In general, women with PCOS tend to have more severe symptoms and are at a higher risk of developing health complications such as diabetes, cardiovascular disease, and endometrial cancer. However, it is worth noting that the exact symptoms and severity of PCOD and PCOS can vary greatly from person to person.


The symptoms of PCOD can vary from woman to woman and may include:

Irregular periods: Women with PCOD may have infrequent periods, heavy periods, or no periods at all.

Cysts on the ovaries: Women with PCOD may have multiple cysts on their ovaries, which can be detected by an ultrasound.

Infertility: PCOD can cause ovulation difficulties, making it harder for women to conceive.

Acne: High levels of androgen hormones can cause acne and other skin problems.

Weight gain: Women with PCOD may find it harder to lose weight and may gain weight more easily.

Excess hair growth: High levels of androgen hormones can cause excess hair growth on the face, chest, and back.

Mood changes: Women with PCOD may experience mood swings, depression, and anxiety.

Differences in diagnosis

The diagnosis of PCOS and PCOD is often confused, as the symptoms can be similar, and both conditions can lead to irregular periods and difficulty getting pregnant. 

However, the key difference between the two is the hormonal imbalance associated with PCOS, which can lead to excess androgens and insulin resistance. In contrast, PCOD is primarily characterised by the presence of multiple ovarian cysts, which may or may not be associated with hormonal imbalances.

To diagnose PCOS, doctors typically look for at least two of the following criteria:

  • Irregular periods or no periods at all
  • High levels of androgens (such as testosterone) in the blood
  • Polycystic ovaries on ultrasound

To diagnose PCOD, doctors may look for the presence of multiple cysts on the ovaries, as well as other factors such as irregular periods, elevated androgens, and insulin resistance. However, because PCOD is not always associated with hormonal imbalances, it can be more difficult to diagnose.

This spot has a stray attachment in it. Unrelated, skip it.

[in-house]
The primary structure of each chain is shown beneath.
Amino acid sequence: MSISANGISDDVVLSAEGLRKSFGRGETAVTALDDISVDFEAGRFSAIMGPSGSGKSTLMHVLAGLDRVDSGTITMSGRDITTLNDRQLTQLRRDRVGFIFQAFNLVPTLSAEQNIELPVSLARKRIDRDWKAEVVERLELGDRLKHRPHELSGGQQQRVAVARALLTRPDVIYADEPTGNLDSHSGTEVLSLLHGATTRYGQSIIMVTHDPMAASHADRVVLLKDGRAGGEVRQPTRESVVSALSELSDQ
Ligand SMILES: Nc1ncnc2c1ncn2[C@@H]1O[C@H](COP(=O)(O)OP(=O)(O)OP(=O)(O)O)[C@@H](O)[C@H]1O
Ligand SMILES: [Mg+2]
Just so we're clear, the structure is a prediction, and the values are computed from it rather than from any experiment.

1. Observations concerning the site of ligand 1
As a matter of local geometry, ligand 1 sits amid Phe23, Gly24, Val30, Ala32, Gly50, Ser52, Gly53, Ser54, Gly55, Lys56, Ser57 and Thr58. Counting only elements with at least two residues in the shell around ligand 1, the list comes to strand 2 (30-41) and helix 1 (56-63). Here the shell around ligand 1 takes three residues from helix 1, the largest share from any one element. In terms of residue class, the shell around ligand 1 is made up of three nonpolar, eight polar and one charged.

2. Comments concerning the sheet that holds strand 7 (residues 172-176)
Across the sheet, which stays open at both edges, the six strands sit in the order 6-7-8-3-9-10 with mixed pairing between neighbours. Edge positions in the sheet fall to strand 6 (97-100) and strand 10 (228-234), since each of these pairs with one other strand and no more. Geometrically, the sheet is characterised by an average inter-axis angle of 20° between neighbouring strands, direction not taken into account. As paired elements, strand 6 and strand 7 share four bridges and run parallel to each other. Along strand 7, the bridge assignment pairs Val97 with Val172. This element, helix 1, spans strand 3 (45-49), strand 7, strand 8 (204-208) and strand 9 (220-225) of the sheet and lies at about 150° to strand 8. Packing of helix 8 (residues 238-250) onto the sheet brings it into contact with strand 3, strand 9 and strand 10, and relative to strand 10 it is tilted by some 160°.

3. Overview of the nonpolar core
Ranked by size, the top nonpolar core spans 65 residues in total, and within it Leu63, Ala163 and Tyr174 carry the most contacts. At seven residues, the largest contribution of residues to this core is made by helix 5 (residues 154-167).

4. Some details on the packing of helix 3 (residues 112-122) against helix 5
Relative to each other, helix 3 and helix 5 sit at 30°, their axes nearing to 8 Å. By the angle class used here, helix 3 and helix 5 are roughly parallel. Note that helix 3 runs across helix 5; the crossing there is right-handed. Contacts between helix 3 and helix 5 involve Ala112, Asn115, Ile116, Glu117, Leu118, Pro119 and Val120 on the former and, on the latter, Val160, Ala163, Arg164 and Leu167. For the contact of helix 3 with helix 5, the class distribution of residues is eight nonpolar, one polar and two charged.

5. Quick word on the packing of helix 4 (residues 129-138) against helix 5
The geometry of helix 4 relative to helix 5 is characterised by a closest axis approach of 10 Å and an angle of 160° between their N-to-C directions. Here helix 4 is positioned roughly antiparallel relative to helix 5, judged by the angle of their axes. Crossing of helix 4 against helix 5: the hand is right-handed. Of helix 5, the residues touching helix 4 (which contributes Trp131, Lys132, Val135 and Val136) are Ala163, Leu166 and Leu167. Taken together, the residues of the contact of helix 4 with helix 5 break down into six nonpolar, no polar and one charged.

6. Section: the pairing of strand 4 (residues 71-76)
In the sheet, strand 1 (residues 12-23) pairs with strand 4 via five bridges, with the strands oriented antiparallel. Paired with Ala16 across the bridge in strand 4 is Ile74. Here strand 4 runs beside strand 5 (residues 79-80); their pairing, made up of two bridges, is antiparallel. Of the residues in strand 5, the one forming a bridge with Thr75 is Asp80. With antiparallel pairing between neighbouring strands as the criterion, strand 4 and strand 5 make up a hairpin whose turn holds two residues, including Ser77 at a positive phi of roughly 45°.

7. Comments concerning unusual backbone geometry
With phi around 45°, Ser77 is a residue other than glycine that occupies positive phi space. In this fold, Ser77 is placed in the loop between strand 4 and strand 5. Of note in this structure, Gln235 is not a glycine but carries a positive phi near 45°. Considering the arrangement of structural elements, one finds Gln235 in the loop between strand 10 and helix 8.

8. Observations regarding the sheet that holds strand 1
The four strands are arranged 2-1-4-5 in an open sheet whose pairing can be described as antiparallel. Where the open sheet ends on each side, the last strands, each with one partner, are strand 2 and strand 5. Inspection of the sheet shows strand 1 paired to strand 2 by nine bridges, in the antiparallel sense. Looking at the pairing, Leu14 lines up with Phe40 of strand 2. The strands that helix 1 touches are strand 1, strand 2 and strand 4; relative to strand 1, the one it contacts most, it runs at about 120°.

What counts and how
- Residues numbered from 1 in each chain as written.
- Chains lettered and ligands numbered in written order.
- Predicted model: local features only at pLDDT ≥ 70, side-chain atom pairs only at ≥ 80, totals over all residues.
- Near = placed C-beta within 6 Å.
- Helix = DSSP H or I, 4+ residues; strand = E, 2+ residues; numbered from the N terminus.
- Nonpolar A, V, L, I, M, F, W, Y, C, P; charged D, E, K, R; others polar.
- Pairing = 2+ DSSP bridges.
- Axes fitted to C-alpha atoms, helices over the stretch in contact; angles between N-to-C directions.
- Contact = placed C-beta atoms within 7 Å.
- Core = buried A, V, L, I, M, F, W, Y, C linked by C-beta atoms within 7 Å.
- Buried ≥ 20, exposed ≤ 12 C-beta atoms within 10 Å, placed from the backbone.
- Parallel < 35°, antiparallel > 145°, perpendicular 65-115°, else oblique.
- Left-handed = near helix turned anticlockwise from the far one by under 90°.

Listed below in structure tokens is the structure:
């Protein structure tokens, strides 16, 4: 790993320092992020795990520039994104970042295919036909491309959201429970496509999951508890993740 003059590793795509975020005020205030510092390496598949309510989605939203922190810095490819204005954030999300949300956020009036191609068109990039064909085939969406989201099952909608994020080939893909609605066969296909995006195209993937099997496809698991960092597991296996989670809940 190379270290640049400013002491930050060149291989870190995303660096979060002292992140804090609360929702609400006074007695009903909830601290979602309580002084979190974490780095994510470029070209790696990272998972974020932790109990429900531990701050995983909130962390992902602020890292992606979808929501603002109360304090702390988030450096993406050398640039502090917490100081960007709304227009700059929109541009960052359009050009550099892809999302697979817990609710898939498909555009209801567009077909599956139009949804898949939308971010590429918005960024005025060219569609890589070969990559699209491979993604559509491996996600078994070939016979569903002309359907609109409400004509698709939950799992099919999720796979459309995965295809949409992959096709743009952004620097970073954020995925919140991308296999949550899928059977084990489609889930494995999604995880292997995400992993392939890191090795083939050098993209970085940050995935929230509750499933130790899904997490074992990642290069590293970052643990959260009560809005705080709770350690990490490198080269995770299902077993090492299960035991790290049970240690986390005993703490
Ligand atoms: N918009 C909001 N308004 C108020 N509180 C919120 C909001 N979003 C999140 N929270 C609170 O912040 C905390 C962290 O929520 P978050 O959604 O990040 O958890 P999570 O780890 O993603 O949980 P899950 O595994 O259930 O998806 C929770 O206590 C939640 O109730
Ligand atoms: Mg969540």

Treatment options for PCOD and PCOS

Although there is no cure for PCOD or PCOS, there are numerous treatment options that can help control symptoms and lower the risk of health consequences. These include:

Lifestyle changes

Losing weight, eating a balanced diet, and exercising consistently can help to increase insulin sensitivity and minimise the severity of PCOD and PCOS symptoms.


Several medications can be used to help regulate menstrual cycles and reduce androgen levels in women with PCOD and PCOS. These include birth control pills, metformin, and anti-androgen medications.


In some cases, surgery may be necessary to remove cysts or scar tissue from the ovaries. This can help to improve fertility and reduce symptoms.

It is important to note that while both PCOD and PCOS are associated with infertility, they are not the same thing. PCOD is primarily a reproductive disorder, while PCOS is a metabolic disorder that can affect many different parts of the body.

PCOD is a condition that is characterised by the presence of cysts on the ovaries, while PCOS is a syndrome that is characterised by multiple symptoms, of which PCOD is one. The exact cause of both conditions is not fully understood, but they are believed to be linked to an imbalance of hormones in the body. 

While neither ailment has a cure, there are treatments available to assist in controlling symptoms and improving overall health. If you feel you have PCOD or PCOS, it is essential to consult with your doctor to acquire an accurate diagnosis and suitable treatment. 

Also Read: 5 Nutrition-rich Foods For a Happy and Healthy Heart